Brazil Favors Foreign Property Investors

The Brazilian government is extending tax breaks to foreign property investors as a means to encourage growth in the country’s booming real estate market. A financial transaction charge …

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The Brazilian government is extending tax breaks to foreign property investors as a means to encourage growth in the country’s booming real estate market. A financial transaction charge on real estate investment trust (REIT) share purchases is being waived for overseas investors, which is expected to boost growth by giving developers alternatives sources of capital that will allow them to be less reliant on the country’s state development bank. REIT investment doubled last year to 17 billion Reais compared to the year prior and the move is likely to make Brazil an even more attractive emerging market. For more on this continue reading the following article from Property Wire.

Foreign real estate investors are exempt from paying a financial transaction charge on real estate investment trusts traded on the country’s stock exchange, it has been announced.

It is part of an overall plan to develop funding alternatives for local builders, many of which are overly dependent on loans from the state development bank BNDES, the main source of long term corporate financing in Brazil.

A government official said that the measure was designed mainly to boost investments in the country’s buoyant real estate market.

‘The objective here is to stimulate long term investment in the real estate sector. This measure should not have a relevant impact on the currency,’ said Dyogo de Oliveira, a finance ministry official.

At present yields on an average local Real Estate Investment Trusts are between 7% and 8%, depending on size, compared with less than 4% for a 10 year local government inflation linked bond.

Last year about 14 billion Reais worth of REITs and similar instruments were sold in initial public offerings in Brazil, compared with 7.66 billion Reais a year earlier.

The Brazilian government is keen to boost the construction sector and recently reduced payroll taxes for construction firms because of weak economic growth.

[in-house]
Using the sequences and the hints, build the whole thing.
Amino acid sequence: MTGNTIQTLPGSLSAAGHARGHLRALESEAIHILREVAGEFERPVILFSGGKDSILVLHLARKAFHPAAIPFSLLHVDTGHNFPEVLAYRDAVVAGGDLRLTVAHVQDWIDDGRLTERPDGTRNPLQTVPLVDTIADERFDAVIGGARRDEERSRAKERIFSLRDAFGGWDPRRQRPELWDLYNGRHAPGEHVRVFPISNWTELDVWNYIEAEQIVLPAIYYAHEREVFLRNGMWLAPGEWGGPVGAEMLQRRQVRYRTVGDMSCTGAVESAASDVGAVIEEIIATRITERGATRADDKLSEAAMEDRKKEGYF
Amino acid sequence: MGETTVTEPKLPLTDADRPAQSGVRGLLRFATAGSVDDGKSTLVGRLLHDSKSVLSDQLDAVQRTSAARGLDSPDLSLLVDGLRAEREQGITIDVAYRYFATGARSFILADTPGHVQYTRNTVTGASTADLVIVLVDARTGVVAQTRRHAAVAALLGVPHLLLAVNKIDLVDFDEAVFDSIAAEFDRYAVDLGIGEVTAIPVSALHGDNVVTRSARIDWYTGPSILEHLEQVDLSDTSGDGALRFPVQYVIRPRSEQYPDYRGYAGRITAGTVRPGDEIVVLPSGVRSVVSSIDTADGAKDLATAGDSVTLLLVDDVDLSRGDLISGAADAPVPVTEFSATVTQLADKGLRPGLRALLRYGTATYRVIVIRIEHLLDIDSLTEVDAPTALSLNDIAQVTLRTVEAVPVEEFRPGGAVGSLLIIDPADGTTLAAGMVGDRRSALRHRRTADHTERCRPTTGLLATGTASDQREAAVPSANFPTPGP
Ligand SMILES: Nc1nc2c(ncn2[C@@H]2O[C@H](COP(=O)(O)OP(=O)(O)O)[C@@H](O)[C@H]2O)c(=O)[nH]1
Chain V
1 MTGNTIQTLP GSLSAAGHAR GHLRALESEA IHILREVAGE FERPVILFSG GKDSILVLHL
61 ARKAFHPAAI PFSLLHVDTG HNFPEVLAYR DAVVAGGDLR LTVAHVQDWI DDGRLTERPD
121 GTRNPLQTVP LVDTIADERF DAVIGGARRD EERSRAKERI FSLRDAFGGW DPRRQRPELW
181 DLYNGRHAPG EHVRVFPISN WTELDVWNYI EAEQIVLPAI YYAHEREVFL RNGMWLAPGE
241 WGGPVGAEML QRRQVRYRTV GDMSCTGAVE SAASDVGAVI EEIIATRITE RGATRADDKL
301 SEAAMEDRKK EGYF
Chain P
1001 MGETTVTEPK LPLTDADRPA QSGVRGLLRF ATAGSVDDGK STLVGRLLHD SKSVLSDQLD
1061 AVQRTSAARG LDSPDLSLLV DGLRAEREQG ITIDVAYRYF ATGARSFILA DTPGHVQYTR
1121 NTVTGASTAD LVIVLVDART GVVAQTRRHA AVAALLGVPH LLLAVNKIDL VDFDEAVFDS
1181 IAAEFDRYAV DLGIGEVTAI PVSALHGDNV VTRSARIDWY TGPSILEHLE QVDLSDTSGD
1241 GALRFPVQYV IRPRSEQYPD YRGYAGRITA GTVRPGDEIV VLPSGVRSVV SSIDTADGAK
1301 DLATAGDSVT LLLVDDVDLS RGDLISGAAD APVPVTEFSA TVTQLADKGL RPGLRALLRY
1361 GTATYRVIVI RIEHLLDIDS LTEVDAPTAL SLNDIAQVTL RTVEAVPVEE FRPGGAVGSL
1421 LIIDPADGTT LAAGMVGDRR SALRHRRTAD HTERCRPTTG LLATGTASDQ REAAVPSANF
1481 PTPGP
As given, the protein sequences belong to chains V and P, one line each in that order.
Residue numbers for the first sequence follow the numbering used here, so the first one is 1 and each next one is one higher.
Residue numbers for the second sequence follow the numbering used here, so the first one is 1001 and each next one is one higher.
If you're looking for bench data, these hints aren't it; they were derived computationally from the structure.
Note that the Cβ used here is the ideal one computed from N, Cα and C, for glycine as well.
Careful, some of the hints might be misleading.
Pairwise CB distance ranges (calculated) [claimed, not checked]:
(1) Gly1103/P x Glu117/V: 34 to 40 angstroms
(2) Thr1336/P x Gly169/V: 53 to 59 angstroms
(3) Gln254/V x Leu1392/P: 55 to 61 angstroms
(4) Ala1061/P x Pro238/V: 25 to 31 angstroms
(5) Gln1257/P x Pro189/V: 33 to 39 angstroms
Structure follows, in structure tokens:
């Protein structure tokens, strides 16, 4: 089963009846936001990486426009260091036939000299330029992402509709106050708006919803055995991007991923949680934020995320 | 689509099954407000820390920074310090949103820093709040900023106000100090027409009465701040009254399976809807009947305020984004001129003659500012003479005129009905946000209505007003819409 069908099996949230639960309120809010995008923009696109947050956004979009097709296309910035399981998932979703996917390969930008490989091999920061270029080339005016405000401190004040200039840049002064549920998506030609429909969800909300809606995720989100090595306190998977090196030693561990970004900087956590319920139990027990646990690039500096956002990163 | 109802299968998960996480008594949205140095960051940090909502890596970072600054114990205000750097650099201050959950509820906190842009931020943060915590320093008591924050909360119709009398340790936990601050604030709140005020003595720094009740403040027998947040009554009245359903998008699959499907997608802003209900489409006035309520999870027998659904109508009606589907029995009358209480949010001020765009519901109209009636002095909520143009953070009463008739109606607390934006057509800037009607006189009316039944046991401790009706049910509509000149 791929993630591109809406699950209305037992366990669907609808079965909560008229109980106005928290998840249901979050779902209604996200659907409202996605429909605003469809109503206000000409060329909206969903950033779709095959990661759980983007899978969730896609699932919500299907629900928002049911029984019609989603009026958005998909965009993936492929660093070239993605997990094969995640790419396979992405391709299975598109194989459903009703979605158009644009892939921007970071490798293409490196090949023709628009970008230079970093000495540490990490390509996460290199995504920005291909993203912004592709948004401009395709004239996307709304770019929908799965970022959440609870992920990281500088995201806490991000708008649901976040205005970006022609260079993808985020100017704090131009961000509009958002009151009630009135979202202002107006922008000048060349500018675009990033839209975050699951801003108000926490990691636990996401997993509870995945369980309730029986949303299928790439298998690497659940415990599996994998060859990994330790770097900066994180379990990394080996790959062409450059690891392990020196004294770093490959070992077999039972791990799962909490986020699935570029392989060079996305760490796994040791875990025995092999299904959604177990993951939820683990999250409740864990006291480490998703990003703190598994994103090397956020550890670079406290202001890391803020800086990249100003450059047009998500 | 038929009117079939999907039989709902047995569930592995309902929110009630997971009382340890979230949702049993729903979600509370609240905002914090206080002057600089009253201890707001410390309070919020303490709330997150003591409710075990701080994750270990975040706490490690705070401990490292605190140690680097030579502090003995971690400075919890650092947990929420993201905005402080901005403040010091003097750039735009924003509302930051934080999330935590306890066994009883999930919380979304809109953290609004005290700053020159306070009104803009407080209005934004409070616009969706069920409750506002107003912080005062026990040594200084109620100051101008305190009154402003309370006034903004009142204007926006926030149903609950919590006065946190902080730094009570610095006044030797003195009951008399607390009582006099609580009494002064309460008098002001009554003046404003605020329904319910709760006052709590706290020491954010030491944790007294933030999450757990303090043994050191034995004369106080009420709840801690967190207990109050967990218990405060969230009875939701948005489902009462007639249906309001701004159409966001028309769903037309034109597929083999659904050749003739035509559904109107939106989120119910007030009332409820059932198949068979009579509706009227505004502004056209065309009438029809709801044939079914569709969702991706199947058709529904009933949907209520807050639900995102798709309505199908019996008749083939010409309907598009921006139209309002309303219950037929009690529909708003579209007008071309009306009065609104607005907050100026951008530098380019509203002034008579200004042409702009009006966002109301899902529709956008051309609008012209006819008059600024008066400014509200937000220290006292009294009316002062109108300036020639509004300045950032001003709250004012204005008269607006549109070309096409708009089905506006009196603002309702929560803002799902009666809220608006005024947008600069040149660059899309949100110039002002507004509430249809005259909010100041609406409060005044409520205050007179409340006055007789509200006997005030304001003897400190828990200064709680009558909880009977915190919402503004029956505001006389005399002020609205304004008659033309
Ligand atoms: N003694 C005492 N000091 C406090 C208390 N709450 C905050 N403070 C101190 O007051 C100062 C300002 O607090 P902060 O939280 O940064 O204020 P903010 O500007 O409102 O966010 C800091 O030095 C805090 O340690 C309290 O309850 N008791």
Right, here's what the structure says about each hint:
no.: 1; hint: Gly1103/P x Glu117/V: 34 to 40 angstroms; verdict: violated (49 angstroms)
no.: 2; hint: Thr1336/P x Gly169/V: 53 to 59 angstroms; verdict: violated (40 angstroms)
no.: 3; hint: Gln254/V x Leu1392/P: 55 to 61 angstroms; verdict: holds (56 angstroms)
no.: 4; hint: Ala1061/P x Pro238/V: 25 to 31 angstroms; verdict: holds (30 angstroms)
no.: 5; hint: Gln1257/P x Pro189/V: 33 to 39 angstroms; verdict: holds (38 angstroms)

Brazil is considered one of the most attractive emerging market countries for commercial and residential real estate, topping China for the first time in three years, according to a survey conducted by the US based Association of Foreign Investors in Real Estate.

Sao Paulo, Brazil’s largest city, climbed to 4th from 26th on the list of top global cities for foreign investment in real estate, the association said.

Nevertheless, some Brazilian builders are facing problems after years of poorly managed growth and runaway construction costs. Major Brazilian homebuilders like PDG Realty SA are scaling back operations to focus on executing old projects and generating cash to reduce debt.

Government officials said foreign investors, who have little participation in REITs, could bring some needed cash to the industry.

 

Meanwhile, figures from the Brazilian Association of Mortgage and Building Lenders shows that property lending, covering both mortgages and loans to real estate developers reached 82.8 billion reais in 2012, an all time high.

Credit for real estate development and mortgages has risen steadily in Brazil. We expect this to continue at an annual expansion of 15%,’ said Octavio de Lazari, president of the association.

The association also said that Brazilian mortgage holders saw an increase in levels of indebtedness in 2012, but rising salaries more than compensated for the increase in debt loads. In addition, the many holders of new mortgages gain, in terms of family income, because their mortgage payments are equal to, or below, what they previously paid in rent.

Further good news for potential investors looking to invest in the Brazilian Real Estate Market is that banks in Brazil are likely to broaden their focus in terms of mortgage and development lending.

‘There isn’t the slightest risk of a real estate bubble in Brazil. Brazilians are cautious when it comes to mortgages. It’s not a case of impulse buying,’ added de Lazari.

This article was republished with permission from Property Wire.

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